Move aside fellas, Stacy is here to save pop music!

Move aside fellas, Stacy is here to save pop music!
When you do pop right, youre instantly elevated into some sort of deity.
POP is a big deal. Commitment to pop music (i.e. being a popstar) takes a lot of courage, ingenuity, talent and drive.

But whatever pop demands, it pays back double.

Justin Bieber spat off a balcony once and his female fans on ground level went hysterical trying to catch his spit.

Musician/pornstar Chris Crocker‘s “Leave Britney Alone” was put up online where it subsequently gained millions and millions of views.

A woman even made her boyfriend do a Beyoncé exam to make sure he’s the right one.

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See, when you do pop right, you’re instantly elevated into some sort of deity. All you need is a complete pop image, good ol’ Japanese discipline, some degree of talent, amazing marketing skills and a whole lot of balls.

The last one is where most Malaysian artists falter.
If quiet, unassuming types like Kimbra can shamelessly get down to “90s Music” and clean-cut country princess Taylor Swift can go femme fatale in the multi-million dollar (that’s USD$ mind you) video to her Katy Perry-bashing number “Bad Blood”, you’d expect at least one Malaysian popstar to have as big of an impact locally.

Unfortunately, local contemporary pop singers have opted to play things subdued.

Currently on everyone’s lips are acts like Yuna, Fynn Jamal and Zee Avi (whose Ghostbird can still be heard in shops around Kuala Lumpur). Prim and proper spokesperson-types — although we must admit that Fynn seems to have some fire burning inside — who act like they don’t seem to care about their image, yet we know they care more than anything else about nothing else.

Nobody bloody dances anymore is our point, actually. Nobody does anything with bright and fiery passion and conviction anymore; nobody behaves like they deserve your attention nor do they seem to know how to command attention.

As a result, we have the modern Malaysian popstar: brilliant, talented human beings who just want to do their music, earn their credit, and step offstage. The tears, screams and general fanfare has officially been reduced to polite clapping and post-show meet-and-greets.

Everybody wants to be a reclusive, enigmatic indie singer-songwriter these days. Nobody wants to be a popstar anymore.

Except Stacy, that is.

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In “Not For Sale“, Stacy writhes on a bed, dances with a group of young men, stands around looking insane in couture, and still manages to make everything look so mahal.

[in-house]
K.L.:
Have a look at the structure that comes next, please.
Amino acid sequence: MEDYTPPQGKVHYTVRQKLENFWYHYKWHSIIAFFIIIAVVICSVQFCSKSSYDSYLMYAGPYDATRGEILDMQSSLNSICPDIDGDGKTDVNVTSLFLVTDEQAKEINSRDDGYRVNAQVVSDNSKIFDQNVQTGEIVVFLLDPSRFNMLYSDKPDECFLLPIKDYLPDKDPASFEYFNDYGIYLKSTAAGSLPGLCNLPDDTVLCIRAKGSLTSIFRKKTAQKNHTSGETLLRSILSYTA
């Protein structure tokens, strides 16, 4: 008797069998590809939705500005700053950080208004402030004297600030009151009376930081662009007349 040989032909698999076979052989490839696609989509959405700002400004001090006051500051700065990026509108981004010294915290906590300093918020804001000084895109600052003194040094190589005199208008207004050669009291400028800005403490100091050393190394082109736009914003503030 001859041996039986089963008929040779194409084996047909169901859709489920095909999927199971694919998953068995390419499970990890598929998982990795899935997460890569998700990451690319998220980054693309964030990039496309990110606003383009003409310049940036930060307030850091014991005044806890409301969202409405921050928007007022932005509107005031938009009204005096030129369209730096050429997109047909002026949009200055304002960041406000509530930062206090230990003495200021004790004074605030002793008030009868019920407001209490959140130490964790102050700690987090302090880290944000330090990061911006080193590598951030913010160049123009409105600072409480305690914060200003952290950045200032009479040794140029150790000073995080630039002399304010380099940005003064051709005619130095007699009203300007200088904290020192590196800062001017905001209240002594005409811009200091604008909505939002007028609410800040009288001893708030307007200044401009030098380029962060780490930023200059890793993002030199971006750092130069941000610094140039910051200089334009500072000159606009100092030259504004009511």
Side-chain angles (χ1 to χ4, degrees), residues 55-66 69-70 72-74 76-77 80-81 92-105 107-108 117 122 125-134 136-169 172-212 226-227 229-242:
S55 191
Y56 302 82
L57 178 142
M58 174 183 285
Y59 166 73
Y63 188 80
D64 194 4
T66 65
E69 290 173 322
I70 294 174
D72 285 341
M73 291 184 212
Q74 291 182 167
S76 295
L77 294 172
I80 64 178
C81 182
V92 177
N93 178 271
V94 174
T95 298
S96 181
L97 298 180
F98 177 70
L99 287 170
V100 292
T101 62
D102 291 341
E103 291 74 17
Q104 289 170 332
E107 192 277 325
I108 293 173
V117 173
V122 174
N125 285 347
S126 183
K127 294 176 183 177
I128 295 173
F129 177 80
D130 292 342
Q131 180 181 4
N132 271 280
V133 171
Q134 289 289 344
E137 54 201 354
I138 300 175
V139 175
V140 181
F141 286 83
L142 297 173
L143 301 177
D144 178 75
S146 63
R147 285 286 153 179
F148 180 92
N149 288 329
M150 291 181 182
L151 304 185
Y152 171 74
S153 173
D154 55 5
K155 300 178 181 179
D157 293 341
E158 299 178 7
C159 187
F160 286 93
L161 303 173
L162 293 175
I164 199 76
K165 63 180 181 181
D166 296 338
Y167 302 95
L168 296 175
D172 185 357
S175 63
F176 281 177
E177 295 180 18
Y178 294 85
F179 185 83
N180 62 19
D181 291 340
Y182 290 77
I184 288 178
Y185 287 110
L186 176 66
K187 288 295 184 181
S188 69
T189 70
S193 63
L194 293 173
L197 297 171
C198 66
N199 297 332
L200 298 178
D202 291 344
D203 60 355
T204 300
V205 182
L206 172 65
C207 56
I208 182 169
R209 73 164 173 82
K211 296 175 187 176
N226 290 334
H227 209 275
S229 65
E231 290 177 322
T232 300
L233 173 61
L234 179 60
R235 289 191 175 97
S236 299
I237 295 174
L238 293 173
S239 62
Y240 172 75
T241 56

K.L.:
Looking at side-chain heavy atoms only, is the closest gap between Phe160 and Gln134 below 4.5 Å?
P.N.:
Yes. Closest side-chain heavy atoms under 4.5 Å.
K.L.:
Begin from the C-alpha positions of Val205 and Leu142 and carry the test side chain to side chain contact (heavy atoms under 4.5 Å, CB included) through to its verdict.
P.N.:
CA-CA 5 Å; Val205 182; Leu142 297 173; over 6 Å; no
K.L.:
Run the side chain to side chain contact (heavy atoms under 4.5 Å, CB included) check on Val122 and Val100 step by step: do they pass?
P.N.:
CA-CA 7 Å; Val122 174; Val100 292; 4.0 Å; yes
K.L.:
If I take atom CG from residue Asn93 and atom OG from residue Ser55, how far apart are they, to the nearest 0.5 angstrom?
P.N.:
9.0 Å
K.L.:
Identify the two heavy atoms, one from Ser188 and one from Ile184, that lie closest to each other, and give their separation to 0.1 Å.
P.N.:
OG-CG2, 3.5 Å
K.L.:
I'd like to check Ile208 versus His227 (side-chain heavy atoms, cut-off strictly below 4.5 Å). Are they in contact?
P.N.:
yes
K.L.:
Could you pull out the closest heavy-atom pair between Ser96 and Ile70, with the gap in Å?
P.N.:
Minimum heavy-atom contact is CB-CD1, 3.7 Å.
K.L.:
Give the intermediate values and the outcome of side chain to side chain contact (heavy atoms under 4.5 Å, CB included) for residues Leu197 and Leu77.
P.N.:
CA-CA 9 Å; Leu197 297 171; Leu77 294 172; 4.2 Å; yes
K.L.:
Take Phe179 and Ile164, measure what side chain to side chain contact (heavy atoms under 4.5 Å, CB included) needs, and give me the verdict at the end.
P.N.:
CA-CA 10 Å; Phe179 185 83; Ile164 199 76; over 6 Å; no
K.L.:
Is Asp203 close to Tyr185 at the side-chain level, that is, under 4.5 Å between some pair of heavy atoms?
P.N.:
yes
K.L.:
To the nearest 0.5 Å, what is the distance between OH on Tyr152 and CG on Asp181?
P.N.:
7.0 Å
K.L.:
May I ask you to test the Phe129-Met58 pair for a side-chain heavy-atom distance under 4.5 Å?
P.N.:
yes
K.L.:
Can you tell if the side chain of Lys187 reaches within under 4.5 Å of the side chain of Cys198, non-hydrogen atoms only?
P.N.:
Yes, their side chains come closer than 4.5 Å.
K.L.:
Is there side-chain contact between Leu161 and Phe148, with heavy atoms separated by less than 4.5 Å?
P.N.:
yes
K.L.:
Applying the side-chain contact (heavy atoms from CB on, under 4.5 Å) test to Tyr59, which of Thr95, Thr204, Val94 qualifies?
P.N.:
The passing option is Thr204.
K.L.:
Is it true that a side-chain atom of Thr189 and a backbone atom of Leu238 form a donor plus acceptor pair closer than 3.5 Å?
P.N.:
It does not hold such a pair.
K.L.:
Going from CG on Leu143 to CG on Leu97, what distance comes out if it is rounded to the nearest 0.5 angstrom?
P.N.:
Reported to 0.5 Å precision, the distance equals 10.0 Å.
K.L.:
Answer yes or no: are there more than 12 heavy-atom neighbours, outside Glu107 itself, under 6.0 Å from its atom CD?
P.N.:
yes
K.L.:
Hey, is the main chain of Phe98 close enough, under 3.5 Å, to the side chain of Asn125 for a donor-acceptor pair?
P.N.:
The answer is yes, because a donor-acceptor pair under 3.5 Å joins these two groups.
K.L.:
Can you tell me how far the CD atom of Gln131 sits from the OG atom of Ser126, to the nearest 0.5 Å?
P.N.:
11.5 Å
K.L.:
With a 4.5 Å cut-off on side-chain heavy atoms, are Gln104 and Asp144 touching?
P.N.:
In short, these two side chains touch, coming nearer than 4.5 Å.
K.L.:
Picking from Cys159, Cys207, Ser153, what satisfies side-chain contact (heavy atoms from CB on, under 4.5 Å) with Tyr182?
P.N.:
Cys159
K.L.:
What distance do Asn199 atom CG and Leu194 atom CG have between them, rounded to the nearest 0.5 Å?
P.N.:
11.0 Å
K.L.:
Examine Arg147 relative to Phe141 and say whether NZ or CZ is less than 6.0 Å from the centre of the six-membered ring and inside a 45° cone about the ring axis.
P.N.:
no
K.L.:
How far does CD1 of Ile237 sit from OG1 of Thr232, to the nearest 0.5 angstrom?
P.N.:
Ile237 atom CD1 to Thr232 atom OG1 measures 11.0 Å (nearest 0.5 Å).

Having already amassed a decent 645,000 views, the video has been out for two months while the song brought Stacy back into the Top 10 on Era‘s airplay chart some weeks ago.

The thing is, Stacy is no new chick on the block; her debut single, Anugerah Juara Lagu (AJL)-nominee “Aku Stacy”, took the nation by storm back in 2008, fresh off her big win at the sixth season of Akademi Fantasia.

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Back then, her energetic, quirky, almost 90s image and her powerful vocals was put into uptempo pop songs rich in attitude and rebukes for bad boyfriends. Songs like “Jahat” and the Edry Abdul Halim-penned “Pakai Buang” further cemented her image as an energetic and driven entertainer.

Never mind that she wasn’t the prettiest girl on the block or the fact that her music sometimes sounds dated; her creative, novel hits kept her relevant to listeners.

With “Not For Sale” however, Stacy proudly shows us that Malaysia has always possessed an actual popstar in every sense of the word.

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The song, written and produced by Omar K. (also responsible for Alyah‘s excellent “Syurga“) and Mike Chan, even features a smart rap section from Altimet. Its lyrics are from the perspective of a woman left at home pining for her lover, a man who provides her with luxury and finery instead of his own time.

The song’s second verse is a fine showcase of its theme — Stacy sings “rumah ini / hanya dipenuhi dengan bunyi / gema kasut Jimmy Choo kau beli, untuk hari jadi / yang bukan kau hantar pun sendiri“.

Altimet retorts as her male counterpart, claiming that she’s the one who made it that way, using lines like “kalau berhijab ada skaf Cavalli” and “kalau not for sale kenapa masih di sini“.

We can talk to you about the song for days to come, but perhaps it’s best if you just have a look for yourselves at what we mean and promptly make room on your playlists for a little bit of Malaysia’s own Stacy Angie.

Stacy’s “Not For Sale” as well as her most recent album ‘#1′ can be obtained via iTunes. Make sure to follow Stacy on Facebook too!